Skip to main content
Skip to main menu

Slideshow

Colloquia

Fri, 09/09/2022 - 9:40am
In research, you can’t always test what you want, but if you try sometimes, you just might find, you can test what you need to. What do you do when you are theory testing and aren’t yet able to directly test the mechanisms you want to test? This presentation explores a series of setbacks in figuring out how to test a new theoretical research program. This talk also discusses the transitions in a theoretical research project that originally set…
Fri, 09/09/2022 - 9:39am
What are the political consequences, at the grassroots level, of working-class decline? Based on multi-year ethnographic fieldwork on the Unemployed Workers' Movement in Argentina, this presentation provides a case study of how workers affected by job loss protect their traditional forms of life by joining progressive community organizations. Life history interviews and participant observation show that a key appeal of this movement is the…
Fri, 09/09/2022 - 9:36am
How doctors police mistakes among themselves varies. Physicians support, tolerate, avoid, ridicule, confront, report, and banish colleagues for errors. What explains this variation? An established theory of social control and a growing literature on stratification in medical education suggest that the vertical direction of medical cases may partially account for the different social control strategies physicians use to manage mistakes. Drawing…
Fri, 09/09/2022 - 9:33am
Dr. Ruth Poproski from the Center for Teaching and Learning will lead a teaching workshop on inclusive teaching. Attendants will learn about the primary principles of incorporating inclusion, diverse perspectives, and advancing equity in the classroom, as well as challenges that arise in light of these goals. Participants will develop strategies to better engage with students in inclusive and equitable dialogue, thus developing the knowledge…
Fri, 09/09/2022 - 9:30am
How will an external threat from Asia affect racial relations in the United States? While Americans' sense of shared adversity during the COVID-19 pandemic has the potential to unite people across racial and national lines, research also suggests that perception of threat increases racially biased behaviors and may have spillover effects on intergroup relations. Using an experiment that combines behavioral game and survey methods (N = 1,987), we…
Fri, 09/09/2022 - 9:18am
As a part of our annual tradition, we will view the documentary "Below Baldwin: How an Expansion Project Unearthed a University ’ s Legacy of Slavery", followed by a discussion with community organizer Imani Scott Blackwell, led by Dr. Sarah Shannon and Dr. Vanessa Gonlin. On November 17, 2015, construction on Baldwin Hall on the University of Georgia campus came to a halt when workers uncovered human remains on the site. DNA tests revealed what…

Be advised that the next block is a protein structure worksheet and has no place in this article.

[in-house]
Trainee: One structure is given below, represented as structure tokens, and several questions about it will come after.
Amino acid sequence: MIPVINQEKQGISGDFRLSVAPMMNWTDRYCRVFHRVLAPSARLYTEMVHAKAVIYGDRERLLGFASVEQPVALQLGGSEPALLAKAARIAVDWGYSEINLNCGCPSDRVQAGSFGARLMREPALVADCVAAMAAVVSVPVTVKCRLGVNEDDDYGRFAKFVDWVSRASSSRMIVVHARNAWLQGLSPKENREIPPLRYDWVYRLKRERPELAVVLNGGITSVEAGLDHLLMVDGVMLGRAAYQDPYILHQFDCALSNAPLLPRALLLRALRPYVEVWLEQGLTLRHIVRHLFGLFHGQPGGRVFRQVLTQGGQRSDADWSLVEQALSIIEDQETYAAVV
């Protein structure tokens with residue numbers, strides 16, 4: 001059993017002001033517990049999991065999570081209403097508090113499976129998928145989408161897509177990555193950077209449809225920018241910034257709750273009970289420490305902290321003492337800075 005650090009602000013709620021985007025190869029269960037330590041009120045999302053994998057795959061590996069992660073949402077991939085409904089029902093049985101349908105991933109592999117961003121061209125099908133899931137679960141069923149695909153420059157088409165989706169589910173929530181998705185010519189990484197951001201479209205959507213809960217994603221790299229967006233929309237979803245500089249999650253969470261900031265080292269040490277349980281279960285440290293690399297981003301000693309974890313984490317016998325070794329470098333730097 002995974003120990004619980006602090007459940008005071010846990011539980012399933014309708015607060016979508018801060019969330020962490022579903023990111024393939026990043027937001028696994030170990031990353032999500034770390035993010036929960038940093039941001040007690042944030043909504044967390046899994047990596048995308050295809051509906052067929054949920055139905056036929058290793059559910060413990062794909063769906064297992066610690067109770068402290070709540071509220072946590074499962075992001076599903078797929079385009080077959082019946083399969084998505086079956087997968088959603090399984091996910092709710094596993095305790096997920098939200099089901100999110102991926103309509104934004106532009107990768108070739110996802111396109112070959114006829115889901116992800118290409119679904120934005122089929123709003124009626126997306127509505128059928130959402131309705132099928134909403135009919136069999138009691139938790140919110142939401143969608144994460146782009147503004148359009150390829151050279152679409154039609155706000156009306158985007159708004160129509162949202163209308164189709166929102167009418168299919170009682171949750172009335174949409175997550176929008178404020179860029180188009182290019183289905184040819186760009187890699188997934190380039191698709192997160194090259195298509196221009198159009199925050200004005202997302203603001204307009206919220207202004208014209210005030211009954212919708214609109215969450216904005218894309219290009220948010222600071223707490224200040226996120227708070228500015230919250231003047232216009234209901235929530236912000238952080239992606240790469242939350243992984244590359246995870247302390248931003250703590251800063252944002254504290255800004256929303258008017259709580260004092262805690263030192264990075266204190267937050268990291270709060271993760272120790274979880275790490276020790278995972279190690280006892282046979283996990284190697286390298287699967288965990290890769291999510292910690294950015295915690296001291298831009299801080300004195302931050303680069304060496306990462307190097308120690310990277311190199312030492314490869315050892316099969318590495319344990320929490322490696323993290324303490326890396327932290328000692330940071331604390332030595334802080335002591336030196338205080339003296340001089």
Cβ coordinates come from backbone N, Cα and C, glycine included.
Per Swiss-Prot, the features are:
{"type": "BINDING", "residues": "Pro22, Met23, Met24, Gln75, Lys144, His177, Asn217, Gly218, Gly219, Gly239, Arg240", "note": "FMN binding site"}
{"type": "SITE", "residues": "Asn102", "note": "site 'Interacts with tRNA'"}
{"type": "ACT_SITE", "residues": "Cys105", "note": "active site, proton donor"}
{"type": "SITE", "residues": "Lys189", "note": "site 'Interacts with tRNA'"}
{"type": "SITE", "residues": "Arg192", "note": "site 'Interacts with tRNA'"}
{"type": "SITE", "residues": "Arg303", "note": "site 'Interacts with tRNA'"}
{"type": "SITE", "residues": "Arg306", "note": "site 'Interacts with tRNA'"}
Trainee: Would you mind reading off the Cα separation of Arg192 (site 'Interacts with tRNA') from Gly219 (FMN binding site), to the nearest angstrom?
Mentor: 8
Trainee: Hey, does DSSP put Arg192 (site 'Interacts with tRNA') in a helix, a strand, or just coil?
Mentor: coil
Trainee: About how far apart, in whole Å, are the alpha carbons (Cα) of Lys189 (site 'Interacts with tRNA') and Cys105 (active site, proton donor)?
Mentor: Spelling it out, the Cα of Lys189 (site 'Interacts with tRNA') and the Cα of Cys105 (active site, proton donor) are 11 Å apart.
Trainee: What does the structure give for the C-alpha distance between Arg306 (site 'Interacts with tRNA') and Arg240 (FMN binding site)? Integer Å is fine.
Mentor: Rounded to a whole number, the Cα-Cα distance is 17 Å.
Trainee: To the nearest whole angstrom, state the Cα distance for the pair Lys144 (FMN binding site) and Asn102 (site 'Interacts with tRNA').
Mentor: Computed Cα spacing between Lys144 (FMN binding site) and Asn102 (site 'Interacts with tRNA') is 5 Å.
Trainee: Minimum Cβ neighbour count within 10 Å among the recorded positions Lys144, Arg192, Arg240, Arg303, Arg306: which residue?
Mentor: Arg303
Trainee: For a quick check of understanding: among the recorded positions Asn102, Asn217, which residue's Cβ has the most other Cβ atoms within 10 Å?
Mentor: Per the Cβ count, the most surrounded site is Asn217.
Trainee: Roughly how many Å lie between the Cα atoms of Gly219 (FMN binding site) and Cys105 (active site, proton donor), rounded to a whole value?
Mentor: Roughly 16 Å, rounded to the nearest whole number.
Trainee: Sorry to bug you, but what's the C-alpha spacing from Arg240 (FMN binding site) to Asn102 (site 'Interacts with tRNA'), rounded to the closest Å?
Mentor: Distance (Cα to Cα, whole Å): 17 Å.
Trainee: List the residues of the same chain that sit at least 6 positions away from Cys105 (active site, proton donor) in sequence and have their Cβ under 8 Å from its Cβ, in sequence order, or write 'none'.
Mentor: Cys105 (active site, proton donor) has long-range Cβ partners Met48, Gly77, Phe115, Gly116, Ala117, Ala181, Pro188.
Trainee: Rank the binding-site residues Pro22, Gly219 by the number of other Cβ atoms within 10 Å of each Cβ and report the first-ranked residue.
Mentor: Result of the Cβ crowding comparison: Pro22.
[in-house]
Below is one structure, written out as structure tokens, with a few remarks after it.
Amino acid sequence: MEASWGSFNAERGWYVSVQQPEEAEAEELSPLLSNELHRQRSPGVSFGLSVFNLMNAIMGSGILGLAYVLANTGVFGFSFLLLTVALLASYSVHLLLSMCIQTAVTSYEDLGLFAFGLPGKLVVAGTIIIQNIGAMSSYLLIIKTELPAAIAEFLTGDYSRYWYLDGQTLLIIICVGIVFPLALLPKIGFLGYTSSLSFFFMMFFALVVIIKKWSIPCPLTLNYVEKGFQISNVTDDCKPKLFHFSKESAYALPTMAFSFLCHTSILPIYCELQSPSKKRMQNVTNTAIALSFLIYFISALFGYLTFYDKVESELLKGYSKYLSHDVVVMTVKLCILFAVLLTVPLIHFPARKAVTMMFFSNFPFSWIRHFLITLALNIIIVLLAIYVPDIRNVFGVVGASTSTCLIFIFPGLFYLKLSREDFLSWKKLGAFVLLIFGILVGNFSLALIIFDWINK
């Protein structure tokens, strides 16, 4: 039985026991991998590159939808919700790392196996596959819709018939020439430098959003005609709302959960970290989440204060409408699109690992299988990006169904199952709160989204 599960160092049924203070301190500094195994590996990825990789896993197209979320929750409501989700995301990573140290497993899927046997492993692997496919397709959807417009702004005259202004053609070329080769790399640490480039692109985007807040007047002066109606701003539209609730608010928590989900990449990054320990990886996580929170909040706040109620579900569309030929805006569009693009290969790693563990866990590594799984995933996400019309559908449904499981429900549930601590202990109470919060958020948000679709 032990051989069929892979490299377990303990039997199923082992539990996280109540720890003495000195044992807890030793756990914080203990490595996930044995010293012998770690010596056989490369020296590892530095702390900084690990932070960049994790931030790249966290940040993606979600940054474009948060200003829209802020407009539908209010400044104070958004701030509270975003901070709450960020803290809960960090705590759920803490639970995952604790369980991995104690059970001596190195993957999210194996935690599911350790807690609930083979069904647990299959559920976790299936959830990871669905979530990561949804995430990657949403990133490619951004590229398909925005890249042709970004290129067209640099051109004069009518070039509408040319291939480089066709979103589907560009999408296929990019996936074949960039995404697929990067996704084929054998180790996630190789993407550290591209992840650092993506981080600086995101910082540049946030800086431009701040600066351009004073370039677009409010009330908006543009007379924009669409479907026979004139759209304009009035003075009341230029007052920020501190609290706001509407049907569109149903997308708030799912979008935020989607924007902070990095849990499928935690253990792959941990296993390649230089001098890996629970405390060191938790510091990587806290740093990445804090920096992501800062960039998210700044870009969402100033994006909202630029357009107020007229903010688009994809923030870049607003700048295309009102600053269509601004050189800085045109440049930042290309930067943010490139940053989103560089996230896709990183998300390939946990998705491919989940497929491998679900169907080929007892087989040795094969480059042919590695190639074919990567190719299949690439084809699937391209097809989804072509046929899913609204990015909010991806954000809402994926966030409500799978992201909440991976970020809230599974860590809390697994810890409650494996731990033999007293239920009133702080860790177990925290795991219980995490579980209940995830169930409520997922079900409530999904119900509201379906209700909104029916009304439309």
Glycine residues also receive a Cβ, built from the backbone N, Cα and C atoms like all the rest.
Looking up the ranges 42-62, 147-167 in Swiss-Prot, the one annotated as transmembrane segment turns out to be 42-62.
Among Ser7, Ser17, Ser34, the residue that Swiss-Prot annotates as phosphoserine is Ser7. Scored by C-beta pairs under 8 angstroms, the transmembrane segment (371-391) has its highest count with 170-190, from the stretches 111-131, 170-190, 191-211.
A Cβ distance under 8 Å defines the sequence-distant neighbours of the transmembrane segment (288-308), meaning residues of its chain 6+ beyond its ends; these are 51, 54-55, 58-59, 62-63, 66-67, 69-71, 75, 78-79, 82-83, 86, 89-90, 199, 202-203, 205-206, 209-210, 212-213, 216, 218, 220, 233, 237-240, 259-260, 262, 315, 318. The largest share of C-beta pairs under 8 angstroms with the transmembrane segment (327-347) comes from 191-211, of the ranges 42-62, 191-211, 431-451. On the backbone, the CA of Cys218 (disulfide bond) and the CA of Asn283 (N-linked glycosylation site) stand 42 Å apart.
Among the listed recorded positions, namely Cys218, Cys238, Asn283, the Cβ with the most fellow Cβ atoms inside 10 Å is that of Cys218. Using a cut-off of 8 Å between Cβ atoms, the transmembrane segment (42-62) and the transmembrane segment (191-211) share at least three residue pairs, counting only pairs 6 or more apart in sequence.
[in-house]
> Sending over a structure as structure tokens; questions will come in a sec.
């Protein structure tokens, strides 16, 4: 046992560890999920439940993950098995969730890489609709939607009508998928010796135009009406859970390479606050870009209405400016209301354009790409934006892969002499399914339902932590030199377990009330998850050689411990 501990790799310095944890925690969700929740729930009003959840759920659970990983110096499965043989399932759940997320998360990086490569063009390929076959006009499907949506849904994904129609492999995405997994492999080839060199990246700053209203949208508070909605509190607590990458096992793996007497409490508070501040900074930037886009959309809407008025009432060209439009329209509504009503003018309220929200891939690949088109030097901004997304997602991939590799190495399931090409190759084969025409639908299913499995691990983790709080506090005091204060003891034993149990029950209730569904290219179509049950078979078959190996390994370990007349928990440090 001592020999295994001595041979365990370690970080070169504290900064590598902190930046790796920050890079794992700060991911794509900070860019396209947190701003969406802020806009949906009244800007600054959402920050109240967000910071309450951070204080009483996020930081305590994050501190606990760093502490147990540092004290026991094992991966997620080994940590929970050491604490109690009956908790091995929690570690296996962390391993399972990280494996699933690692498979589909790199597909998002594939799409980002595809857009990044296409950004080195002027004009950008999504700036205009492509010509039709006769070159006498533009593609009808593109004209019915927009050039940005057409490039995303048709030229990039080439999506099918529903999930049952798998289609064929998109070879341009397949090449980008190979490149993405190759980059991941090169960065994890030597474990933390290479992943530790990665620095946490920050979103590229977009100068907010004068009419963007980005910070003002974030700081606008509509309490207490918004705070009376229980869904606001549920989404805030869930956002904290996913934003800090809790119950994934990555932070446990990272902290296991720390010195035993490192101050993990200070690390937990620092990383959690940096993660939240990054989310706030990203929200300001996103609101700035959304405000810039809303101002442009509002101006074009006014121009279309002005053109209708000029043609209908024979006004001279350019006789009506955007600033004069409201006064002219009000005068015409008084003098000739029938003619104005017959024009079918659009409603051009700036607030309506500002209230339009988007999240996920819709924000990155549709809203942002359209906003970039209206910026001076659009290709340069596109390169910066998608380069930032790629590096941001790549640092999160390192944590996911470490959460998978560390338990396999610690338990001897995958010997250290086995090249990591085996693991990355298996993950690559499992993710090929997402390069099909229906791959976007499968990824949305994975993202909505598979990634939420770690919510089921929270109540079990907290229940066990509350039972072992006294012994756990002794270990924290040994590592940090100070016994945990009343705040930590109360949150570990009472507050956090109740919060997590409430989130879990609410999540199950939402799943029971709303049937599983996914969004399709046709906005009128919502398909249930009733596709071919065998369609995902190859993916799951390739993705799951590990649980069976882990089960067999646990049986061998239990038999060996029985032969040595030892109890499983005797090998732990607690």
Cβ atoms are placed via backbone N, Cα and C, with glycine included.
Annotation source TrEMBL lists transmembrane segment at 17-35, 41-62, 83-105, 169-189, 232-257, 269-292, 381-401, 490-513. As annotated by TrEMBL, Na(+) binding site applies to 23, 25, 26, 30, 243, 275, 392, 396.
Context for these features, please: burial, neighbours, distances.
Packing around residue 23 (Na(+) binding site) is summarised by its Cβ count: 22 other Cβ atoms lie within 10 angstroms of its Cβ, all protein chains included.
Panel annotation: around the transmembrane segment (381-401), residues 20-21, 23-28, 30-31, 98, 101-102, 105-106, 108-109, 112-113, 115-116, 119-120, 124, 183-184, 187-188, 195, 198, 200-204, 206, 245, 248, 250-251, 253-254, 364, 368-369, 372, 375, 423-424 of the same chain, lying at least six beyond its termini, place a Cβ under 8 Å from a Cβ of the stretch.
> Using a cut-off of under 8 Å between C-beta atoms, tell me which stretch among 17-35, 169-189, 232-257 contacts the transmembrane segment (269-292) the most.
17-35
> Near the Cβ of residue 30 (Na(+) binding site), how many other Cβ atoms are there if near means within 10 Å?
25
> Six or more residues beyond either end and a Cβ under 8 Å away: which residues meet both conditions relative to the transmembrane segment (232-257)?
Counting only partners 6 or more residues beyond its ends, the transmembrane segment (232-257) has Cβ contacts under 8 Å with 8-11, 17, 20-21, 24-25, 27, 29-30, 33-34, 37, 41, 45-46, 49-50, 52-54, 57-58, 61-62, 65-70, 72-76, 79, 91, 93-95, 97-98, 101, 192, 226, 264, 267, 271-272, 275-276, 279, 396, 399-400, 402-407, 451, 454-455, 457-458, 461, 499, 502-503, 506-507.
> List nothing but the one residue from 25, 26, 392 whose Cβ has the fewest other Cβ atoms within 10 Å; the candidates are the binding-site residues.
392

Wed, 01/19/2022 - 1:04pm
Colorism, the practice whereby light skin is privileged over dark, has been widely acknowledged and studied among African Americans and Latinx populations. Though this research has grown exponentially in recent decades, less attention has been given to Asian Americans, for whom colorism is equally pervasive and deeply entrenched. This talk focuses on colorism among Asian American women and the twin pressures for light skin stemming from (1) the…
Wed, 01/19/2022 - 1:01pm
From California to China, self-described “greening” efforts claiming to address inequality and the climate crisis proliferate. But why are such projects—undertaken in the name of ecological sustainability and climate resilience as well as quality of life—being carried out in such a wide range of places with very different histories, ecologies, and cultural repertoires for urban life? Based on a study of a century of greening in Germany’s Ruhr…
Wed, 01/19/2022 - 12:59pm
We know remarkably little about the varying meanings justice-involved populations assign to their employment experiences, and how those meanings intersect with varying criminal involvement over time. Some perspectives assume that employment and crime are alternative choices that don’t easily co-exist, particularly as the individual moves down a pathway towards desistance. Other scholars view employment and income-generating crime as more-or-less…
Wed, 01/19/2022 - 12:57pm
In this presentation, we will discuss the troubled past (and present) of fat stigma. We will consider the role of racism and sexism in its creation and perpetuation throughout the Western world. The presentation will highlight the role of the medical field in its more recent propagation. Sabrina Strings, Ph.D. is Associate Professor of Sociology and Chancellor’s Fellow at the University of California, Irvine. Sabrina has been featured in dozens…